• When I see Bill Nighy, Rachel Weisz, and Ralph Fiennes in a cast, I know I have to check it out. I was not sorry I did. The three were together in at least one other great film - The Constant Gardener. Individually, there is seldom a really good film that doesn't have one of the three.

    Of course the Golden Globes and BAFTA agree with me as they both gave the film a nomination.

    The Prime Minster (Fiennes) seems to be up to his neck in deception. The meeting between Nighy and he was fascinating.

    Page Eight was a positive surprise with good dialogue and an engaging story.
  • Warning: Spoilers
    This story contains spoiler.

    Very early on in this made for TV movie, I became aware the interaction between Nancy Pierpan (played by Rachel Weisz) and Johnnie Worricker (played by the excellent Bill Nighy) had a similar feel to the interaction between Richard Burton and Claire Bloom.

    Fortunately, as the story developed in its low key way, no immediate danger was perceived to Weisz's character, which avoided a possible developed comparison to Le Carre's work.

    Alec Beasley, the Prime Minister,(played by Ralph Fiennes) arrives at a "reunion" of former students in Cambridge and the meeting he has with Johnnie makes it apparent Johnnie must make a decision as to which side of fence he wishes to be. A character states "you can get knocked down even when in the middle of the road."
  • Warning: Spoilers
    In a genre that gets grittier and darker by the year, and often seeks to bludgeon its audience with how current and perceptive about real events it is, Page Eight is a relief and an engrossing and suave, almost light-hearted ride. The story is tight and well-paced, centering almost exclusively on a single fact/event, and taking place over the course of just a week or so. No spoilers, but the ending is both off-kilter and just right (one of the better endings to a new film I've seen in a few years).

    Viewed on paper, I suppose you could complain there isn't much new or surprising here. Surely, the events and situations are familiar, even topical. But the treatment is subtle and true, and the telling handled with an emphasis on character and the (slightly) off-beat. The dialog is electric and funny, full of nuance and innuendo, both humor and good humor, while retaining just enough menace and suspense. Bill Nighy and Rachel Weisz are not stretching themselves as actors here, but they turn in performances that are funny and felt, and above all believable. Fiennes and Gambon, in smaller roles, make vivid impressions that amply provide motivation to our heroes. I love the genre, and films like The Constant Gardener, Ronin, Children of Men, the Bourne trilogy, The Guard, Body of Lies, Blood Diamond, and especially the BBC TV series "Spooks" {AKA 'MI- 5'}. This compares closely & very favorably, especially the the last. I really enjoyed this film, and will watch it again soon.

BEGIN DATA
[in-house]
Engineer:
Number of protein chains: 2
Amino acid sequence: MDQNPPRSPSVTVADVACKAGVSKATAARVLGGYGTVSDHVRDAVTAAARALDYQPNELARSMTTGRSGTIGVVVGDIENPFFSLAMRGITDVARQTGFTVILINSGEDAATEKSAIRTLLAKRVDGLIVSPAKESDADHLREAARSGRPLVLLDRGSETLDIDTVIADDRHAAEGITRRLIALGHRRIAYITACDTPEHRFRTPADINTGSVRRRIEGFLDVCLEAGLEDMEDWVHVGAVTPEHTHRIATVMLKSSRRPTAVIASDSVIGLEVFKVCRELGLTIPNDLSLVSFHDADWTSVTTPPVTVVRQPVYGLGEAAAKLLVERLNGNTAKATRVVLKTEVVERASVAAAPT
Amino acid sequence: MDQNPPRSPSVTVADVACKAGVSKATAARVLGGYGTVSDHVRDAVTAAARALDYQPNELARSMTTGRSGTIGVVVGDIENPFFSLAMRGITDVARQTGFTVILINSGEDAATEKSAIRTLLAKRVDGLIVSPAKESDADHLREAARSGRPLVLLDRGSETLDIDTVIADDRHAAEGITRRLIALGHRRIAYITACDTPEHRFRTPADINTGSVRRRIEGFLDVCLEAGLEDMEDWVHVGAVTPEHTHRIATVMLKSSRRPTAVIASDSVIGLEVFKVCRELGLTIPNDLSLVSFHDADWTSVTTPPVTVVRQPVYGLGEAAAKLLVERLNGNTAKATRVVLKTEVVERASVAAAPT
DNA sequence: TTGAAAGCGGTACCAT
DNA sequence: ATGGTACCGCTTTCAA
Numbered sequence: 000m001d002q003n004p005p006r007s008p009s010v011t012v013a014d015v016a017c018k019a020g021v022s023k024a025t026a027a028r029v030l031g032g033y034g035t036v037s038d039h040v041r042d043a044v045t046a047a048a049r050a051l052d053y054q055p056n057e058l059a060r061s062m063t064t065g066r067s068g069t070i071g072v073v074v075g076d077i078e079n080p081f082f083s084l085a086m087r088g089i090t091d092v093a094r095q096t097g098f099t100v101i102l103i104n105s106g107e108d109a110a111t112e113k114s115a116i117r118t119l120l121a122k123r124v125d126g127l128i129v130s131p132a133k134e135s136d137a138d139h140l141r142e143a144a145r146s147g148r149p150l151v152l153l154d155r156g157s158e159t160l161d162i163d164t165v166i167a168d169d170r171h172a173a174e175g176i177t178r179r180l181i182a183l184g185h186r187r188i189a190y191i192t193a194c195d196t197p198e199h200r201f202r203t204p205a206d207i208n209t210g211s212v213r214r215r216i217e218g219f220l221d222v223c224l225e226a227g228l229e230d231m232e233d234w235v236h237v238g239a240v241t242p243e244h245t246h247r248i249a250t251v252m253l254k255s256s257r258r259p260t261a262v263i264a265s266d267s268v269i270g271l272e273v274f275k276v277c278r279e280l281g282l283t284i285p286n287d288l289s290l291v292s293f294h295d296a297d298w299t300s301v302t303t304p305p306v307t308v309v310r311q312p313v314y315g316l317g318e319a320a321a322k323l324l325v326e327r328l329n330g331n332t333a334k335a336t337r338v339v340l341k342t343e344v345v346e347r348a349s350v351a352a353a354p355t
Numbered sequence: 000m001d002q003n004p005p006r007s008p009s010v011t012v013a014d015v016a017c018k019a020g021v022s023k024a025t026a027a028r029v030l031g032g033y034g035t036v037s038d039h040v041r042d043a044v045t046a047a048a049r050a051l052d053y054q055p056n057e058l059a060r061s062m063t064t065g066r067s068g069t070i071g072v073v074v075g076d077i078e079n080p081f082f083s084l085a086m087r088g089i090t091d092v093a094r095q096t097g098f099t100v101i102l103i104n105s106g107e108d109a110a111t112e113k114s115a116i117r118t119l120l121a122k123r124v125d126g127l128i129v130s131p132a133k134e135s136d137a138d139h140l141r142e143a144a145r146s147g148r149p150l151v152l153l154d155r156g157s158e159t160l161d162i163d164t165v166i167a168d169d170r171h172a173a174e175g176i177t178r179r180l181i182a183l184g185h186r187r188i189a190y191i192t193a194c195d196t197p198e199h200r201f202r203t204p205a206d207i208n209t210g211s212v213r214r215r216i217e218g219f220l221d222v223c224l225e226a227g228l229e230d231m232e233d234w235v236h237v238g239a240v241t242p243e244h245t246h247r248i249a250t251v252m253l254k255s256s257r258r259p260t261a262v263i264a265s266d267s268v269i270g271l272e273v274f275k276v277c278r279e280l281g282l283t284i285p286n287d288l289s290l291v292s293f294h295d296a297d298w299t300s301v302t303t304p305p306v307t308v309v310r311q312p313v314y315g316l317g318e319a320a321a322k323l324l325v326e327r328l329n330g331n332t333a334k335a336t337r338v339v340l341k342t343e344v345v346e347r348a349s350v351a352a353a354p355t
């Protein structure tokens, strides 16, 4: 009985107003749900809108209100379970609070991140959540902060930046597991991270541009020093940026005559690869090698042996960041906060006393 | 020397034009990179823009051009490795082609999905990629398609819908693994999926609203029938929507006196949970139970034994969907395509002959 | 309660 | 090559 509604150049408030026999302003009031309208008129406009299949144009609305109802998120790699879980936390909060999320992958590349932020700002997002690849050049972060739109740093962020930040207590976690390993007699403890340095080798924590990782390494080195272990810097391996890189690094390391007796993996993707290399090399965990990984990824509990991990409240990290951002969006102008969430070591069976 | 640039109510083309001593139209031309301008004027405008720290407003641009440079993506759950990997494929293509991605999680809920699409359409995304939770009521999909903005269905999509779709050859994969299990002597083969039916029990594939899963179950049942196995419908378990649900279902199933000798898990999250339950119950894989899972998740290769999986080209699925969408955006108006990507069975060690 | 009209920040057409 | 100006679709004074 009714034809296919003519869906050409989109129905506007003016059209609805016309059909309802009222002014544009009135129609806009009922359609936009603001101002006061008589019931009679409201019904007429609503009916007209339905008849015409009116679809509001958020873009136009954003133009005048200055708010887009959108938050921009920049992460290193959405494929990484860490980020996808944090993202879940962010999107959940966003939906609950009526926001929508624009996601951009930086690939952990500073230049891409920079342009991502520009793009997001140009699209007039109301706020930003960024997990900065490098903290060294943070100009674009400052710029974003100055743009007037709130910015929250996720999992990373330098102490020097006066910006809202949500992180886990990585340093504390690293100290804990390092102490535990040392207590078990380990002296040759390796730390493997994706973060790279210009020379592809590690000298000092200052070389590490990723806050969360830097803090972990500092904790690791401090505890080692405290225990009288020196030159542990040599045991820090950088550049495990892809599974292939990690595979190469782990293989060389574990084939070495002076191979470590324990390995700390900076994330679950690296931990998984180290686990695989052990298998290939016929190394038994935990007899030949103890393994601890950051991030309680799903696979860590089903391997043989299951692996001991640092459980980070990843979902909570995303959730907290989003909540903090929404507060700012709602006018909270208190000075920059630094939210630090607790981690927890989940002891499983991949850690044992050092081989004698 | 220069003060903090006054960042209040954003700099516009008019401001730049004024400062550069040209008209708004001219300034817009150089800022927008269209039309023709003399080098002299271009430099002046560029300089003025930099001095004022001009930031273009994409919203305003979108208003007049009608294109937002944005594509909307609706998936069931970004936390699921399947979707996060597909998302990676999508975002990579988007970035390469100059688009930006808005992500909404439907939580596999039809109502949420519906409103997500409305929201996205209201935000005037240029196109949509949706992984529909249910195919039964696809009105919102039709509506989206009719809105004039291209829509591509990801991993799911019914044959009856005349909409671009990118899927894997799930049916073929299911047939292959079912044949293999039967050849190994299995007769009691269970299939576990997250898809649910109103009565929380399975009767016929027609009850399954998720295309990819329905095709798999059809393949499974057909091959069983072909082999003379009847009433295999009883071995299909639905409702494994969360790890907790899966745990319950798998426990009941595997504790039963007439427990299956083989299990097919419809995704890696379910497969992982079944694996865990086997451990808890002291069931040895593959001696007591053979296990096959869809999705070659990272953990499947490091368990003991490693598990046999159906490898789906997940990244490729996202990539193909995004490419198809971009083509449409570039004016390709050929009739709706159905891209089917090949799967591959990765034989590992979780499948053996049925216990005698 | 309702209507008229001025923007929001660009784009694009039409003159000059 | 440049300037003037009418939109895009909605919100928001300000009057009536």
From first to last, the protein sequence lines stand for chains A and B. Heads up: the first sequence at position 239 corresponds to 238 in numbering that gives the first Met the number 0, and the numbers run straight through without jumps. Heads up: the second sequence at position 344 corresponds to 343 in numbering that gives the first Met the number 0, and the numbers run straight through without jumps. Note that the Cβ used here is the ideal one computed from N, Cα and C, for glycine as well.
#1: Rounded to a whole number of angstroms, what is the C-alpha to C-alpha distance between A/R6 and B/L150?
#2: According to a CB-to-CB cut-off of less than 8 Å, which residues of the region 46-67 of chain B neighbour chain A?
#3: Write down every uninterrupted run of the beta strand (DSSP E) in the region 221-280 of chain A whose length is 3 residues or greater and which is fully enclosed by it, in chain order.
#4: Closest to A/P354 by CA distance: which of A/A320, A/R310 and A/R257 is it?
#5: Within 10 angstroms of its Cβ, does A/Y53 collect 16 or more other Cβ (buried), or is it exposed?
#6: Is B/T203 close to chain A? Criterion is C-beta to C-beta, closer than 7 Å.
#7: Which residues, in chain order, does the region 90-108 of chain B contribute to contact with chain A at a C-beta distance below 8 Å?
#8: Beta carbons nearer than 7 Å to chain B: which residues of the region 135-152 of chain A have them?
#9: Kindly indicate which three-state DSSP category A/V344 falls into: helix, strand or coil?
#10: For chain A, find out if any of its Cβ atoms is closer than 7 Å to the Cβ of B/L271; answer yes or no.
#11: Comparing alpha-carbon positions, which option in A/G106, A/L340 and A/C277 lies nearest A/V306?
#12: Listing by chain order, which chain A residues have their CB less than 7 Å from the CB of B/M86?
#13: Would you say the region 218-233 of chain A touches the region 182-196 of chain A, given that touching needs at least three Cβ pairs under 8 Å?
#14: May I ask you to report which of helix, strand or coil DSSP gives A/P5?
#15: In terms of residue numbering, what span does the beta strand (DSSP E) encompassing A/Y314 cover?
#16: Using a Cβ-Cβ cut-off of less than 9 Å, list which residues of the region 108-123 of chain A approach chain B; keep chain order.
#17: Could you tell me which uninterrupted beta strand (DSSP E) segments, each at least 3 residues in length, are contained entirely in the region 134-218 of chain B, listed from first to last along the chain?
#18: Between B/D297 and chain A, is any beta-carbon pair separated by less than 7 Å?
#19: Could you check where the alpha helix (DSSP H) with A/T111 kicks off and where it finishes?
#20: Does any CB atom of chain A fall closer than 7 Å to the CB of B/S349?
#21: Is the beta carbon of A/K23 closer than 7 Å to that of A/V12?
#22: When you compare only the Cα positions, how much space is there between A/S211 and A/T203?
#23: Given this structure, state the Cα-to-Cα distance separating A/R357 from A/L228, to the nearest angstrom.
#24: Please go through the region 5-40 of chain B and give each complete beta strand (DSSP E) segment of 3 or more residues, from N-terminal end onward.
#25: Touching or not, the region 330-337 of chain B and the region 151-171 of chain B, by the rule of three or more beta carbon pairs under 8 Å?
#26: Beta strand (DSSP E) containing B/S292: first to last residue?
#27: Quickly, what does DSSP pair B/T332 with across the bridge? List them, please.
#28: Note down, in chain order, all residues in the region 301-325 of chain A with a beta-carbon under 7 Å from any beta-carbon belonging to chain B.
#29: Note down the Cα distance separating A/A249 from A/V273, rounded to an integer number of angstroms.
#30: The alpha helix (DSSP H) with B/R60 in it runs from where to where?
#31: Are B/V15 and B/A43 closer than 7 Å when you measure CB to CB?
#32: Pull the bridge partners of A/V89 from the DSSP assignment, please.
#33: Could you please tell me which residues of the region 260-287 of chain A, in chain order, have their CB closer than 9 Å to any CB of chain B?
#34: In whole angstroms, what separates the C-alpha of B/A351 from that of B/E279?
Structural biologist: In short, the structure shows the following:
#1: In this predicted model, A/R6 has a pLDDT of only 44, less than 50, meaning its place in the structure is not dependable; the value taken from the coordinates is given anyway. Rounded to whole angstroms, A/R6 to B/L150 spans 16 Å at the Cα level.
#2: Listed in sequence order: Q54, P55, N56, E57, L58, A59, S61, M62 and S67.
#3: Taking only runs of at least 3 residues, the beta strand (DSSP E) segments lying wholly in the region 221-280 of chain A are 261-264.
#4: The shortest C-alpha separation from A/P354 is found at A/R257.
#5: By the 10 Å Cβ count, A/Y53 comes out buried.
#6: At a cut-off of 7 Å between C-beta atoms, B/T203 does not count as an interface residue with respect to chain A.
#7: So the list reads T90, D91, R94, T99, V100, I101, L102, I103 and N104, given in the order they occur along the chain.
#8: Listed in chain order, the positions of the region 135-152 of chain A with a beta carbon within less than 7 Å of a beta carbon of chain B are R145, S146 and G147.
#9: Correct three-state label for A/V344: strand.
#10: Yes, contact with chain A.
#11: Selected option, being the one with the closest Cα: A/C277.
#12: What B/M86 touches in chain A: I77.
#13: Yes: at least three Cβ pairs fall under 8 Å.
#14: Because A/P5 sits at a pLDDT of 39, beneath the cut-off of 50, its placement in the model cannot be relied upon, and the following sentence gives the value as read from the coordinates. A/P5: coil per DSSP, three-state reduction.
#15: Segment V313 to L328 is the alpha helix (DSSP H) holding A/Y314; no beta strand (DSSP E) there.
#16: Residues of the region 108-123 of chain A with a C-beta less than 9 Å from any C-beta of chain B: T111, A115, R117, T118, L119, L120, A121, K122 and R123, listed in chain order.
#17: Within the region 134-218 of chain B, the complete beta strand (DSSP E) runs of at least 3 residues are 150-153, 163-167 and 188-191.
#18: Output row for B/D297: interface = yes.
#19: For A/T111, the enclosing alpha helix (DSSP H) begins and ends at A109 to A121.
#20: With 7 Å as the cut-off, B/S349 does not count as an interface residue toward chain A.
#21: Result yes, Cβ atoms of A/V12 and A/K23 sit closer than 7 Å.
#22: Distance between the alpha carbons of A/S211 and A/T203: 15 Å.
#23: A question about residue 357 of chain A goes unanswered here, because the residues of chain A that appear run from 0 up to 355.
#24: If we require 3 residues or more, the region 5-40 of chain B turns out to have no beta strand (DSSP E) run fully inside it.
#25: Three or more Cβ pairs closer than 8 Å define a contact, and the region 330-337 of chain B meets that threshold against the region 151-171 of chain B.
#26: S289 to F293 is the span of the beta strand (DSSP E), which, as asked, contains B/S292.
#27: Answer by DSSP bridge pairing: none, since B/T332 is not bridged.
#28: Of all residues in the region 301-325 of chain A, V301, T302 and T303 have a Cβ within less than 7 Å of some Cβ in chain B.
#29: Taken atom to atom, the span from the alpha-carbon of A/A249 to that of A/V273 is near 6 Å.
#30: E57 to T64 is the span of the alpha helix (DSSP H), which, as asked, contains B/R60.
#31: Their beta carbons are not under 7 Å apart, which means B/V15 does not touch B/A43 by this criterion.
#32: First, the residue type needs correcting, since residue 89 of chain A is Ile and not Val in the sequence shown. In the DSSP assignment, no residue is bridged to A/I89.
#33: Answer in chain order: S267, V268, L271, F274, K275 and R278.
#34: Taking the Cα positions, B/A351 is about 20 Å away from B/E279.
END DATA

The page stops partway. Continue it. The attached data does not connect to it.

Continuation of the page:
• Warning: Spoilers
    You know you have a good film when you can't miss five minutes without boring a hole in the plot. And Page8 is just the film.

    I'm not going to cover the plot here; let's just say that it's quite more complicated than a brief summary could explain.

    What i will say is, the direction and acting is immense. I'm vaguely reminded of The Ghost, a (pretty bad) film that pales in comparison with Page8; character interaction is spectacular, i haven't seen this depth of immersion since long time - if we omit Heath Ledger's Joker - and i'm really, really happy.

    Cutting this review short, i will say this: this film might bore you; it's not for everyone (see the IMDb ratings), and if you like Hollywood films, and the horrid overacting that comes with them, if you loved films like Inception, any late Bond film, or perhaps Polanski's last outing, then you won't like, or understand, this.

    But if you are looking for a really powerful performance, astounding script, and superb pacing, this film must not be missed.

    Man, i just can't tell how good this film is; not perfect, but great.

    My vote: 9/10 - has almost everything.

    PS. notice how later in the film the file's paper cover is torn and old? that's because he's been keeping it in his pocket, all rolled up. That would NEVER happen with a Hollywood prop. Judge for yourself.
  • Although many contemporary British films are full of chases-explosions-shootings, then, from time to time, spy films with slower pace find their decent place in the British filmography. Page Eight is a nice example of the latter, with the fine protagonist Johnny Worricker, MI5 analyst, stylishly performed by Bill Nighy, accompanied by several other British actors such as Ralph Fiennes, Rachel Weisz and Michael Gambon. The script, however, is uneven at times, with decrease in thrill, over-sophistication and unreasoned scenes, but calm atmosphere, witty lines and inclusion of art help to level them, nothing becomes annoying or ridiculous. The ending is expected, but pleasantly elaborate, and when the credits appear, one can ponder on and over human values and drawbacks related to the life dedicated on intelligence and politics.
  • Warning: Spoilers
    I had an uneasy sense of where this story was going when Rachel Weisz, as the London-based daughter of a Syrian writer and intellectual, informs a neighbor that she's still mourning her brother, who, some time before, was murdered by Israeli soldiers despite waving a white flag.